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Moment of inertia and integration

  1. Jan 31, 2009 #1
    1. The problem statement, all variables and given/known data

    A uniform rectangular plate has mass m and sides a and b.

    a) Show by integration that the moment of inertia of the plate about an axis is perpendicular to the plate and passes through one corner is (1/3)*m*(a^2+b^2)

    2. Relevant equations

    I= integral( r^2, dm)

    3. The attempt at a solution

    do I account this problem as 3 dimensions or 2 dimensions ??

    What should be r in this case since I have a and b
     
  2. jcsd
  3. Jan 31, 2009 #2

    LowlyPion

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    You could approach it in one of two ways.

    1)find the moment for a rectangular plate a x b about the center and then use the parallel axis theorem to rotate it about the corner on a line through the center.

    2)set up an integral along the diagonal from the opposite corner and relate Δ mass as little arcs that integrate over that distance.

    Seems like 1) would be an easier approach.

    Since it is uniform in thickness, then just treat it as a 2 dimensional object.
     
  4. Jan 31, 2009 #3
    I can use the 1st approach for part 2 which they ask for moment of inertia about the axis going through the center o of mass.

    If I use the 2nd approach, I will integrate (r^2,dm) from 0 to b (let say I choose b as the limit).

    how can I represent r^2 as ? Is that a^2 ?
     
  5. Jan 31, 2009 #4

    LowlyPion

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    Then do the second part first then.

    To find the moment of a rectangle isn't it simply something like:

    I = ∑m*r² = ρ*∫∫r²*dm = ρ*∫∫(x² +y²)*dx*dy

    where ρ = m/(h*w) and the limits of your double integration are |½h-½h and |½w-½w

    Then apply the || axis theorem along the diagonal at 1/2 the length of the diagonal away?
     
  6. Jan 31, 2009 #5
    Thanks. A dumb question. How do I solve double integration ??
     
  7. Jan 31, 2009 #6

    LowlyPion

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    Choose one variable - either one - to integrate keeping the other as a constant. Then you are left with a single integral that you can integrate treating the first variable as a constant.
     
  8. Jan 31, 2009 #7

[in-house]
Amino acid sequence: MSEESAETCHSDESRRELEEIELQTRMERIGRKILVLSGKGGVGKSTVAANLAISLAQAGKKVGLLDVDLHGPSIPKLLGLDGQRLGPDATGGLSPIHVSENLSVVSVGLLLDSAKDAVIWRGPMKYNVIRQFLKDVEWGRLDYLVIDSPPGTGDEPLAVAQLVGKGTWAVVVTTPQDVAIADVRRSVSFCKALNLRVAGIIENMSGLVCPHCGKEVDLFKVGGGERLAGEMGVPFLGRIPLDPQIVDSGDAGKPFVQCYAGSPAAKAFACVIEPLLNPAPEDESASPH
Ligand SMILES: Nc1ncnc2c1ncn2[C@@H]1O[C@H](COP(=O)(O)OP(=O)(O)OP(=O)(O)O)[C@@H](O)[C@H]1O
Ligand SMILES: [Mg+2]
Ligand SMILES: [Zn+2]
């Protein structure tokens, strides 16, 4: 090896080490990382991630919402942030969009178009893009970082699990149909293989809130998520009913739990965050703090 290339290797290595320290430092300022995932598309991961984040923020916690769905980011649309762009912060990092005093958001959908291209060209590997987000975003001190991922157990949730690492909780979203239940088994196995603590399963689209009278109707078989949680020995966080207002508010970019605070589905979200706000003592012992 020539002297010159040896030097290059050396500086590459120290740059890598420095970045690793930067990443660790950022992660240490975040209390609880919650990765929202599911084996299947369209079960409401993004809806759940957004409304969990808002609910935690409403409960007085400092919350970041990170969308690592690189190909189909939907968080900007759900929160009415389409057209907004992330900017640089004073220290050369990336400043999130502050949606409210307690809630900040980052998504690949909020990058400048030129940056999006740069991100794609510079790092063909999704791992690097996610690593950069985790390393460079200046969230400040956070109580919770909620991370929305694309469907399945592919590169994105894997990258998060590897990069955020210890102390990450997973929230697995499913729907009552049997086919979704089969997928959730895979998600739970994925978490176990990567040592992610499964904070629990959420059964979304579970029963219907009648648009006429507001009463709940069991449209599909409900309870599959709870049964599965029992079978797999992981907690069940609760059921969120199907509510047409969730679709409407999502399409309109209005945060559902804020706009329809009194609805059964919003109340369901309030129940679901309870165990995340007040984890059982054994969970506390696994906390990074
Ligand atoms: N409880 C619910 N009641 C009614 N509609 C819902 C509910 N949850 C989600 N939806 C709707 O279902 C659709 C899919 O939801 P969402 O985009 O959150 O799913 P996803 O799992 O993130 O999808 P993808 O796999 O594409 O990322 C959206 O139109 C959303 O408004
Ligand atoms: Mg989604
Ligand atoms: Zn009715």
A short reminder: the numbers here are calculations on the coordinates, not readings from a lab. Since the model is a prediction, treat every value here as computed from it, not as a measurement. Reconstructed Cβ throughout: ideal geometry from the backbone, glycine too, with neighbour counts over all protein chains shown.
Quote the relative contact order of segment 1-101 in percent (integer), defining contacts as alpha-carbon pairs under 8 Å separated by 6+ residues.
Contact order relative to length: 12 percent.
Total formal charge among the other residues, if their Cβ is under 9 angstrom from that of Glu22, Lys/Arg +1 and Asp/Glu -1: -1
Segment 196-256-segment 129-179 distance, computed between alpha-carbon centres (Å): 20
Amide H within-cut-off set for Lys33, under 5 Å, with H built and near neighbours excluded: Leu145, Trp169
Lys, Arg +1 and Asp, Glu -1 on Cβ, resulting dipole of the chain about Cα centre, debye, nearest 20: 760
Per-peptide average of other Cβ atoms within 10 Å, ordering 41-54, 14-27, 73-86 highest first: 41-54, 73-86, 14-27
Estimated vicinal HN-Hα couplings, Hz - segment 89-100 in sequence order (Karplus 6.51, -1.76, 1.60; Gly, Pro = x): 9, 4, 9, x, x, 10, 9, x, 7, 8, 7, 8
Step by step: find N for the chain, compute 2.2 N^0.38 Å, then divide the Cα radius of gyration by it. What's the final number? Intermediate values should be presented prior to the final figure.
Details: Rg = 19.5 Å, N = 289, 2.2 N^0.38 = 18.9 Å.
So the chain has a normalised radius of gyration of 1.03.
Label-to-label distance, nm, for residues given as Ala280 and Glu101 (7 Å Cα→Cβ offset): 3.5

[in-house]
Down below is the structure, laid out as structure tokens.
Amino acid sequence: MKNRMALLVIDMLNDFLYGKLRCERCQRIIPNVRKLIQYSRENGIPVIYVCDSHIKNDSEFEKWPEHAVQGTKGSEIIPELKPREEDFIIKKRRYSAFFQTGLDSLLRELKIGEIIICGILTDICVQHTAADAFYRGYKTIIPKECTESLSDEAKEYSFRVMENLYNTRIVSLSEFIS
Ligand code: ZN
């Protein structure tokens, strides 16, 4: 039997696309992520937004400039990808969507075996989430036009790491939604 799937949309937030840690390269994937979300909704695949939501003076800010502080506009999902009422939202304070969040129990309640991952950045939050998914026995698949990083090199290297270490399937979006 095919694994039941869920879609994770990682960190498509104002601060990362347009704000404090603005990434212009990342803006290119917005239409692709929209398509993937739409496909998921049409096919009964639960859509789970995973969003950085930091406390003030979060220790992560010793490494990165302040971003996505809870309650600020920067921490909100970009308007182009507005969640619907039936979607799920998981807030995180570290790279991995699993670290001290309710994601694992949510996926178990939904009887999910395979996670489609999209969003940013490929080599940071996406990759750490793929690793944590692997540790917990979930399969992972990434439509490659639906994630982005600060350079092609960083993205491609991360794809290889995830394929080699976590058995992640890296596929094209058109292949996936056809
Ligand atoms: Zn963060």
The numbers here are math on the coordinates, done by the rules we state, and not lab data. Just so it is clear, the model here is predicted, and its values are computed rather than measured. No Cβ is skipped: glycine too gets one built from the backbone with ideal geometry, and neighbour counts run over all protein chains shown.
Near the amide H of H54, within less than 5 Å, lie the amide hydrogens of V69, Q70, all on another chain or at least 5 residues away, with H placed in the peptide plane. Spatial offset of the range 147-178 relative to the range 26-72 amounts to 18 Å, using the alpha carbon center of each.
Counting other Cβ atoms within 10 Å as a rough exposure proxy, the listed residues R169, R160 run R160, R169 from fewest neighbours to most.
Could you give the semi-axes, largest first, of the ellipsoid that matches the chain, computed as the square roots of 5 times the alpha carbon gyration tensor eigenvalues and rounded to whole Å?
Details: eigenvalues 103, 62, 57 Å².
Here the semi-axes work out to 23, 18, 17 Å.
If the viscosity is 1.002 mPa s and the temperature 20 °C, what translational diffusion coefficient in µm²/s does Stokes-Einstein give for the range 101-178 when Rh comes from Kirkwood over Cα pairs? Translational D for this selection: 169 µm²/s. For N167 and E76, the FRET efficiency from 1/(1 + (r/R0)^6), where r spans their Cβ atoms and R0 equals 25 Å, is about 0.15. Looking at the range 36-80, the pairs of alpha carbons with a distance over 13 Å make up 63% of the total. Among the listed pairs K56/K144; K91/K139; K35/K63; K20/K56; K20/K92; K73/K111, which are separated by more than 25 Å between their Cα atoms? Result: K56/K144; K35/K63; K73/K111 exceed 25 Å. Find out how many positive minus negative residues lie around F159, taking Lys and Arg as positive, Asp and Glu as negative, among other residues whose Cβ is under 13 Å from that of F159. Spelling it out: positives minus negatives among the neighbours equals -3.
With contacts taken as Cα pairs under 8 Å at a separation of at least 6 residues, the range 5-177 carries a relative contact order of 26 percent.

Consider any plane shape and scale it up by two, keeping the mass
    per unit area the same. Each "element" has quadrupled in mass and
    doubled its distance from the C of M. It follows that the moment of
    inertia about an axis through the C of M normal to the plane has gone up
    by a factor of 16.

    For the a x b rectangle, let I be the moment of inertia about the C of M
    and J that about a corner.

    The || axis theorem gives J = I + m(a^2 + b^2)/4

    Now consider the double sized rectangle formed from placing 4 of the
    originals together. We deduce that

    16I = 4J = 4I + m(a^2 + b^2)

    David
     
  9. Feb 2, 2009 #8
    Somehow I cannot get the answer of (1/3)m(a^ 2+b^2).

    I use the double integration technique and get

    Icom=(1/12)*m*a^2*b^2

    Then when I substitute in I= Icom+ m*h^2

    I use h=a/2

    I cannot get the answer. Did I do wrong somewhere ??
     
  10. Feb 2, 2009 #9
    h is the distance from centre to corner, not a/2
     
  11. Feb 2, 2009 #10
    Can I assume either it can be (1/2)a since stack the small dm along side a ??

    Is not the center of mass is 1/2 from each corner ?
     
  12. Feb 2, 2009 #11

    LowlyPion

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    Are you sure you didn't get 1/12*(a2 + b2) ?

    Because armed with that then and the || axis you can say the moment from the corner is Imiddle + m*(a2 + b2)/4

    The hypotenuse2 being (a/2)2 + (b/2)2 from the center.
     
  13. Feb 2, 2009 #12
    I am sure I did not get (1/12)*m*(x^2+y^2).

    I got x^2*y^2 .

    So I got out from the integration as (x^3/3)*(y^3/3)* m/(x*y).

    So plug in the limit I got (x^3/12)*(y^3/12)*m/(x*y)

    Then I cancel x and y and got x^2*y^2.

    How did you get the "+" ??
     
  14. Feb 2, 2009 #13

    LowlyPion

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    For :
    I = ∑m*r² = ρ*∫∫r²*dm = ρ*∫∫(x² +y²)*dx*dy

    I'd recheck your calculation, being sure to recognize ρ*h*w as being the mass of the rectangular object.

    There is also the approach suggested by the elegant thinking in this post by davieddy:
    https://www.physicsforums.com/showpost.php?p=2057709&postcount=7
    ...that gets the same result.
     
  15. Feb 2, 2009 #14
    Thank you:)
    I felt justified in presenting that solution because the question specifically
    asked for integration.

    By the sound of it, the original poster could use the practice with integrating.
    Maybe Pythagoras needs some brushing up too :)

    I = ∑m*r² = ∫r²dm = m/(ab)*∫(∫(x² +y²)dx)dy

    integral limits 0 to a and 0 to b

    David
     
    Last edited: Feb 2, 2009
  16. Feb 2, 2009 #15

    LowlyPion

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    I enjoyed it anyway because of the less traditional approach of deducing it from the || axis.
     
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